Thursday, December 10, 2009

Solar For the Home

Lowe's now sells solar panels that you can install yourself.

Lowe's has begun stocking solar panels at its California stores and plans to roll them out across the country next year.

This shows how far the highest of the high-tech alternative energy technologies has come. Solar power is now accessible to anyone with a ladder, a power drill, and the gumption to climb up on a roof and install the panels themselves . . .

Professional installers typically handle all the necessary paperwork, like clearance from the local utility and applications for a bevy of government subsidies that can make the system a whole lot cheaper.

"You put solar panels on your roof without a permit, bad things happen to you," said Jeff Wolfe, CEO of solar installer groSolar. "The utility could shut off the power."

Lowe's will staff a kiosk near the panels that provides information on how to apply for rebates . . .

One panel packs nowhere near the punch of a full solar system.

A typical solar system installed by a professional usually has 20 panels. Each Akeena panel will generate about 175 watts of electricity, about enough to power a flat screen television.

If you want more solar power, you can snap another panel to the first, kind of like Legos.

"People might want to put up one, see if it works. Then with their next paycheck, they may buy four more," Cinnamon said.

Lowe's is offering software that allows the homeowner to monitor the performance of each panel through the Internet. The panels are designed to withstand rough weather including hail storms, and they're backed with a 25-year warranty covering defects.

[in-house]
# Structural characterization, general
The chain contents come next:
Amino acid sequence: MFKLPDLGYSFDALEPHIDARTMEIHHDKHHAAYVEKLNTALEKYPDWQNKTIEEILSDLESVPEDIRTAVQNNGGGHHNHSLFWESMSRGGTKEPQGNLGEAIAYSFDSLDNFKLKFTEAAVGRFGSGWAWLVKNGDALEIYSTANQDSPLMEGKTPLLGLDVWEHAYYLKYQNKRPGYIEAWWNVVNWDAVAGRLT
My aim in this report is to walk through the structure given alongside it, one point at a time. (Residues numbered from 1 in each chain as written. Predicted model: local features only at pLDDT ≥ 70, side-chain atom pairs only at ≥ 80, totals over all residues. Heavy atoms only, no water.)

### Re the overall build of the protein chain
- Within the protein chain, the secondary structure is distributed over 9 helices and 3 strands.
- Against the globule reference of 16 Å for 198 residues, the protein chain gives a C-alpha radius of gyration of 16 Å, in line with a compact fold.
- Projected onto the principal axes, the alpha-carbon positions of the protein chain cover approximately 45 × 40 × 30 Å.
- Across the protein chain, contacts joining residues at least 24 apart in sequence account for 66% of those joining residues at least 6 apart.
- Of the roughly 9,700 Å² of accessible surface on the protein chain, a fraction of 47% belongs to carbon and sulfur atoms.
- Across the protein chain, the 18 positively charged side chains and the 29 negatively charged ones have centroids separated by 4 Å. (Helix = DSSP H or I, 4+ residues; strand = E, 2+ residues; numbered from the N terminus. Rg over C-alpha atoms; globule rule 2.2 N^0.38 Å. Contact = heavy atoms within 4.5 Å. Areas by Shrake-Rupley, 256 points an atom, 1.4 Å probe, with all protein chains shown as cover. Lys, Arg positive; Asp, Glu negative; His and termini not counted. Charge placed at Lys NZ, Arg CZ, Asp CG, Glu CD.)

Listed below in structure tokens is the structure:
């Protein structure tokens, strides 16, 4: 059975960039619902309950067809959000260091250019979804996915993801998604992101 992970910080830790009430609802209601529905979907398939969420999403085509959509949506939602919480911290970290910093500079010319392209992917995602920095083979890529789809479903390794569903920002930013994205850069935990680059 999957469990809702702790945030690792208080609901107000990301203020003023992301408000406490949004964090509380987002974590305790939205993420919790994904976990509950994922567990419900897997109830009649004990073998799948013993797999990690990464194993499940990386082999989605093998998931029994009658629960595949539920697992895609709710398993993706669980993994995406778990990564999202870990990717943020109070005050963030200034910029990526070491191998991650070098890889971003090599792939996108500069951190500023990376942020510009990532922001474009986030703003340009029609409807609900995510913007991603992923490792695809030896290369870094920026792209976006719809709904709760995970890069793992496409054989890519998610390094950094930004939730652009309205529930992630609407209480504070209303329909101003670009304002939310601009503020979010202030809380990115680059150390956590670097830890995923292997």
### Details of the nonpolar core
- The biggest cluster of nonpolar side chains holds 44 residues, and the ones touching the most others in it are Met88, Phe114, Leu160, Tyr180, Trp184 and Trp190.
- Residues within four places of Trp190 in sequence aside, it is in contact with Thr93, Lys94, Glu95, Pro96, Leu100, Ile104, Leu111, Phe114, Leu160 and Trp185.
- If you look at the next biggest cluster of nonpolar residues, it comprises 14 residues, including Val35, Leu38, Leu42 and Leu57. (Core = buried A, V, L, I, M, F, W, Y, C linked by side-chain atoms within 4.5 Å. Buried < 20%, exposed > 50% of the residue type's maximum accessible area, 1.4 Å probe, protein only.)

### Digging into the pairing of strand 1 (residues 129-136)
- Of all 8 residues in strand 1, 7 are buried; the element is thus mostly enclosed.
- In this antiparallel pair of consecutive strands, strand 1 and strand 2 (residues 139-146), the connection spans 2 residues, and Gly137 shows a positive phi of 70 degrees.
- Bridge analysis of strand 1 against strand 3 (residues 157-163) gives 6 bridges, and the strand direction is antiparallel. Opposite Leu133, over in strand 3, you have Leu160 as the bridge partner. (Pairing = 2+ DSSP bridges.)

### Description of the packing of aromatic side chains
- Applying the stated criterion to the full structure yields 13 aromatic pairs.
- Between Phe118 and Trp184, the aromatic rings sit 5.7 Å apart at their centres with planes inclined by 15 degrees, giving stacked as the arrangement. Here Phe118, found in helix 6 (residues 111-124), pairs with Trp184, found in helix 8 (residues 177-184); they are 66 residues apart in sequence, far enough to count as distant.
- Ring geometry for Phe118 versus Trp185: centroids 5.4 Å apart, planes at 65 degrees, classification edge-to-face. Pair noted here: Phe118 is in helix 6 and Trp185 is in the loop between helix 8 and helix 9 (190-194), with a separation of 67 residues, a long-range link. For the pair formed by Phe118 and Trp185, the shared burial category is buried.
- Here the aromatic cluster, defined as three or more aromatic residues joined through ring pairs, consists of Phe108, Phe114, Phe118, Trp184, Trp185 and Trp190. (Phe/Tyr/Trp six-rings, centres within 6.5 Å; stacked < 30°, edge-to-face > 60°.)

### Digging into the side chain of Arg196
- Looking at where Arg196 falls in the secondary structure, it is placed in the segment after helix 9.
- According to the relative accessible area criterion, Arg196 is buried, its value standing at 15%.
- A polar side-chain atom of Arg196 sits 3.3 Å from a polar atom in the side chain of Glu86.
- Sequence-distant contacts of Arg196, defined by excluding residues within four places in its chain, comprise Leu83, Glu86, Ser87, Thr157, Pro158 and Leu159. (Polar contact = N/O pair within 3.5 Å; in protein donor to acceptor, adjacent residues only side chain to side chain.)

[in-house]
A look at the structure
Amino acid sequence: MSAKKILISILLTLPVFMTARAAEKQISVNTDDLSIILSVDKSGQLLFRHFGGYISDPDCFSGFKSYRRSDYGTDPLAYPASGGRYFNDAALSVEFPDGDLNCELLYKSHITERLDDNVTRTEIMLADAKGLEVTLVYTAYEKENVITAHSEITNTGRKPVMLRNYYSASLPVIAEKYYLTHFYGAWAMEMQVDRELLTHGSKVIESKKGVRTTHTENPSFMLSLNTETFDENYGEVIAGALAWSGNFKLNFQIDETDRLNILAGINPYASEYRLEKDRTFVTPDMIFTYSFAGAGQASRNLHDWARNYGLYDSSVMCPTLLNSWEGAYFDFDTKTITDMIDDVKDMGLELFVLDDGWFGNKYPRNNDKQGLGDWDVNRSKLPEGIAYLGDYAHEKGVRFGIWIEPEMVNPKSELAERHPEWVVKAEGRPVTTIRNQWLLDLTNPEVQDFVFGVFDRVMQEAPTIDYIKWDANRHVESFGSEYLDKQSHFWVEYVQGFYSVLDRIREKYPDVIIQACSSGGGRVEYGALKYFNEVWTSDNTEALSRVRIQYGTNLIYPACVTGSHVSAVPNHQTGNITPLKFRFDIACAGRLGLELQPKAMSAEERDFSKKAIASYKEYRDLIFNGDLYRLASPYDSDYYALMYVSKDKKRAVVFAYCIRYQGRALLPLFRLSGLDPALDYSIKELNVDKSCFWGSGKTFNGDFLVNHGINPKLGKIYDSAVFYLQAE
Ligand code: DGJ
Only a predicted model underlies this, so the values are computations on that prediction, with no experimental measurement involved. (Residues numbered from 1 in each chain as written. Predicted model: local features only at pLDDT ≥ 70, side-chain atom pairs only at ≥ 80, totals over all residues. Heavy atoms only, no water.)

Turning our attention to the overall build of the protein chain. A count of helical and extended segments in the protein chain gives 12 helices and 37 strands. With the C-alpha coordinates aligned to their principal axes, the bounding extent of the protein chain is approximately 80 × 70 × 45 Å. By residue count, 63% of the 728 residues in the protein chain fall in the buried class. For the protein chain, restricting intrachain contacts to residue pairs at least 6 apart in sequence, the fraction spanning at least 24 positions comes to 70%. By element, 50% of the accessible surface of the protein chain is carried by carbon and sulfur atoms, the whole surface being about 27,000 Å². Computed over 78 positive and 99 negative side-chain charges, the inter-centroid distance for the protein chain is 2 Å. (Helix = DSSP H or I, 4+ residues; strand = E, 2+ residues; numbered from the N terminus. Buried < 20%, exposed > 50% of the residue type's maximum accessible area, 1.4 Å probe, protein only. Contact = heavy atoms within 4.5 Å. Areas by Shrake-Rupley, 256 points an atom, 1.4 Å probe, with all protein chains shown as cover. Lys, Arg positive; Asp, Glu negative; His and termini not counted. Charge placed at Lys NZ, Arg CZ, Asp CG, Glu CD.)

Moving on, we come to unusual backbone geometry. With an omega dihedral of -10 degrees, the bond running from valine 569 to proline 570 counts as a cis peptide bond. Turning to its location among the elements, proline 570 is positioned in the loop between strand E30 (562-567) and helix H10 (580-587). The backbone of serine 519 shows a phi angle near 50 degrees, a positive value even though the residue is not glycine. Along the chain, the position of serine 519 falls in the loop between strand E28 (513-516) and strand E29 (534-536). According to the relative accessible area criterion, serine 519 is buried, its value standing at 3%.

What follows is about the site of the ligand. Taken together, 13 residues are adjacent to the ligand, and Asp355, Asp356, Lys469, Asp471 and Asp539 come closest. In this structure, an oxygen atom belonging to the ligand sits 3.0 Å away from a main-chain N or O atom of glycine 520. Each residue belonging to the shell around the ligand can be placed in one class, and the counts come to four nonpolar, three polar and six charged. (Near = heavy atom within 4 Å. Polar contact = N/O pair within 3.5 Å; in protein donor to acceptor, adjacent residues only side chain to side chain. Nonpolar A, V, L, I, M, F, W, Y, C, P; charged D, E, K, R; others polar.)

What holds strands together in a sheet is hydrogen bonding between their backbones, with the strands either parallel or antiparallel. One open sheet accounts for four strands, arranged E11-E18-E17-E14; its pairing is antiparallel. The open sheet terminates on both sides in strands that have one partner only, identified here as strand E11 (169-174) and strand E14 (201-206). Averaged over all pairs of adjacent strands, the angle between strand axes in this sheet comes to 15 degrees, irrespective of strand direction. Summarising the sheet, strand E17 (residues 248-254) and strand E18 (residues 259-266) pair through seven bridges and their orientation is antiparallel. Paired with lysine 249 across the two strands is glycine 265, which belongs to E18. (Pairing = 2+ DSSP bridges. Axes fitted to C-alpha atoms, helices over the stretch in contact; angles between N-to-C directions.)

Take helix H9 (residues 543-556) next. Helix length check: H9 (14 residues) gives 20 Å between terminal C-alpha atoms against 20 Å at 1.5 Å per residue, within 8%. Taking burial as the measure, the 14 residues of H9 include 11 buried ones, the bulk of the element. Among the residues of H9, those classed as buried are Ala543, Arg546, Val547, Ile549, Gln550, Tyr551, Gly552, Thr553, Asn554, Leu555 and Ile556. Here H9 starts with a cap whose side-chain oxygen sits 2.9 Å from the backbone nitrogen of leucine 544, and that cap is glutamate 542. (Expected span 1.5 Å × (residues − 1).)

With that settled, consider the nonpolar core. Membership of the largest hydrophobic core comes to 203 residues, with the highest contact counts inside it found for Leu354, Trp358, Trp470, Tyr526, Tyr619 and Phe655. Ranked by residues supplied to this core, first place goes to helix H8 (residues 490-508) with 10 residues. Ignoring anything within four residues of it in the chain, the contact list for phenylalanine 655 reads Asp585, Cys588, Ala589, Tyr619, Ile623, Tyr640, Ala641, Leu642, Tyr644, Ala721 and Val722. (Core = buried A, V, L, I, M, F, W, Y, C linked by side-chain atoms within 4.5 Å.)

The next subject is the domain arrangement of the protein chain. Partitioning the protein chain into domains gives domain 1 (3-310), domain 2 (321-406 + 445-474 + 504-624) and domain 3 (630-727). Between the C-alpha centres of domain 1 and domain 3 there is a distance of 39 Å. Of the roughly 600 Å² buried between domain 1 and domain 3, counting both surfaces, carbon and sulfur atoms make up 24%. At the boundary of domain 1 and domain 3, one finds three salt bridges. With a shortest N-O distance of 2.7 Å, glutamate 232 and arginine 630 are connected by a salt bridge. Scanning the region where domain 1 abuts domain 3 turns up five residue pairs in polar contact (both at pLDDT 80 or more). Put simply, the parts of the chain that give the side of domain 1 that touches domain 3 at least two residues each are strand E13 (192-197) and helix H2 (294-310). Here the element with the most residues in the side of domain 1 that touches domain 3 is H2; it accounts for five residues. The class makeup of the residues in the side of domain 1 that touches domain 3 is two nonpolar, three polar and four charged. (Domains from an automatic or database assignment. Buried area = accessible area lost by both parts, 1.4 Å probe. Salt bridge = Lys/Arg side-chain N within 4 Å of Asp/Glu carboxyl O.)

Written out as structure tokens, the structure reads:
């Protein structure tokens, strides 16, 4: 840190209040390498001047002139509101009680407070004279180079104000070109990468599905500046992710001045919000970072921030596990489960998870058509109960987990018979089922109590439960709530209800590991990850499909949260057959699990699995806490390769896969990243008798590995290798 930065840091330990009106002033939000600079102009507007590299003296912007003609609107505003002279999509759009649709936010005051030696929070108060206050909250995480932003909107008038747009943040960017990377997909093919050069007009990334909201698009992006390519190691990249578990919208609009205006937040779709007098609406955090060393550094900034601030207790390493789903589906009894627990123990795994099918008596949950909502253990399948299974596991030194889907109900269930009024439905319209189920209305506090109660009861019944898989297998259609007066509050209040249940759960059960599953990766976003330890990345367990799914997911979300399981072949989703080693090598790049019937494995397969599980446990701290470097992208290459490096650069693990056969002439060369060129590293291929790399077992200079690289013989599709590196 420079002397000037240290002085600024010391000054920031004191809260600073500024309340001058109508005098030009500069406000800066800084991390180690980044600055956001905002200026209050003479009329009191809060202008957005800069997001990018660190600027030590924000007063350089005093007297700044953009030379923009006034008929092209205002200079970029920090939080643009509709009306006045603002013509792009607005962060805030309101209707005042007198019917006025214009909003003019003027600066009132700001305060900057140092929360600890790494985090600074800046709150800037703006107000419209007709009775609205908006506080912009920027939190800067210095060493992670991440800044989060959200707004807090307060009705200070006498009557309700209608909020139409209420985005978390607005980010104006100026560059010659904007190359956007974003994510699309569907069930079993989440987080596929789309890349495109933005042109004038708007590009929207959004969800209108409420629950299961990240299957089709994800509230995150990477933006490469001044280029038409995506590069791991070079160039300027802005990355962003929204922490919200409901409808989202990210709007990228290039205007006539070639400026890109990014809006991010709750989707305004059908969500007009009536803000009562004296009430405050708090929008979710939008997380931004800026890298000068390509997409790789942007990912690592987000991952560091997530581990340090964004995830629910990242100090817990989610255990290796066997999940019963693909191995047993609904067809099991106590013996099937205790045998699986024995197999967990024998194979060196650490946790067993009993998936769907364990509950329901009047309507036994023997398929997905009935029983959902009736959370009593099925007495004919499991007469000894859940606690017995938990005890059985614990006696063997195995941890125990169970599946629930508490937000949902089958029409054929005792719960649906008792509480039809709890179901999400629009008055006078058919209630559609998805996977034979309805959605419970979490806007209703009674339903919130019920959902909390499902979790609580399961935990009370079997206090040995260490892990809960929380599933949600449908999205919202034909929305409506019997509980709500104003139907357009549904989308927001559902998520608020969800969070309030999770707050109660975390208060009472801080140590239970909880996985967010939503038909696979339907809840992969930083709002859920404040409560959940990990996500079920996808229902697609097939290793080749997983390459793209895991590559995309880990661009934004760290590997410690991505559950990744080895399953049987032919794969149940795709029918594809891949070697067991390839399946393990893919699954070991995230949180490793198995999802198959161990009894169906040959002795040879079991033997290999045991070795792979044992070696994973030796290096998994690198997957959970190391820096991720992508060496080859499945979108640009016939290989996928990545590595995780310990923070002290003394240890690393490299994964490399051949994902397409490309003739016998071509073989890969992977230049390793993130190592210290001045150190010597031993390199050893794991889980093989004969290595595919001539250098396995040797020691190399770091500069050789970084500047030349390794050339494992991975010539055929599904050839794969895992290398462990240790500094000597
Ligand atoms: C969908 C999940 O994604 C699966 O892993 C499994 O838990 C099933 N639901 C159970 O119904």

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3 Comments:

Blogger Ty said...

I'll wait for the Lowe's do-it-yourself fusion reactor.

4:08 PM  
Blogger halojones-fan said...

Building without permits, against code, doing electrical work without permits and against code, failure to pay about a zillion different taxes, climbing on a ladder, making "architectural modifications" without getting permission from the county/township/city/state/Homeowners' Association/Historical Building Preservation Committee/whoever.

Which says more about the American addiction to bureaucracy than anything else. I'd love to build my own solar-power system. People whose names were never on a ballot have decided that it's illegal to do that.

11:53 AM  
Blogger dubjay said...

Governments do have an interest in not having you set your house on fire--- for instance, I wish my own house had been wired by an actual electrician instead of an amateur and his teenage sons, thus sparing me the anxiety of wondering when I throw a switch whether the place will finally blow up.

If it's actually illegal to build a solar-powered house where you live, you should definitely move.

10:17 PM  

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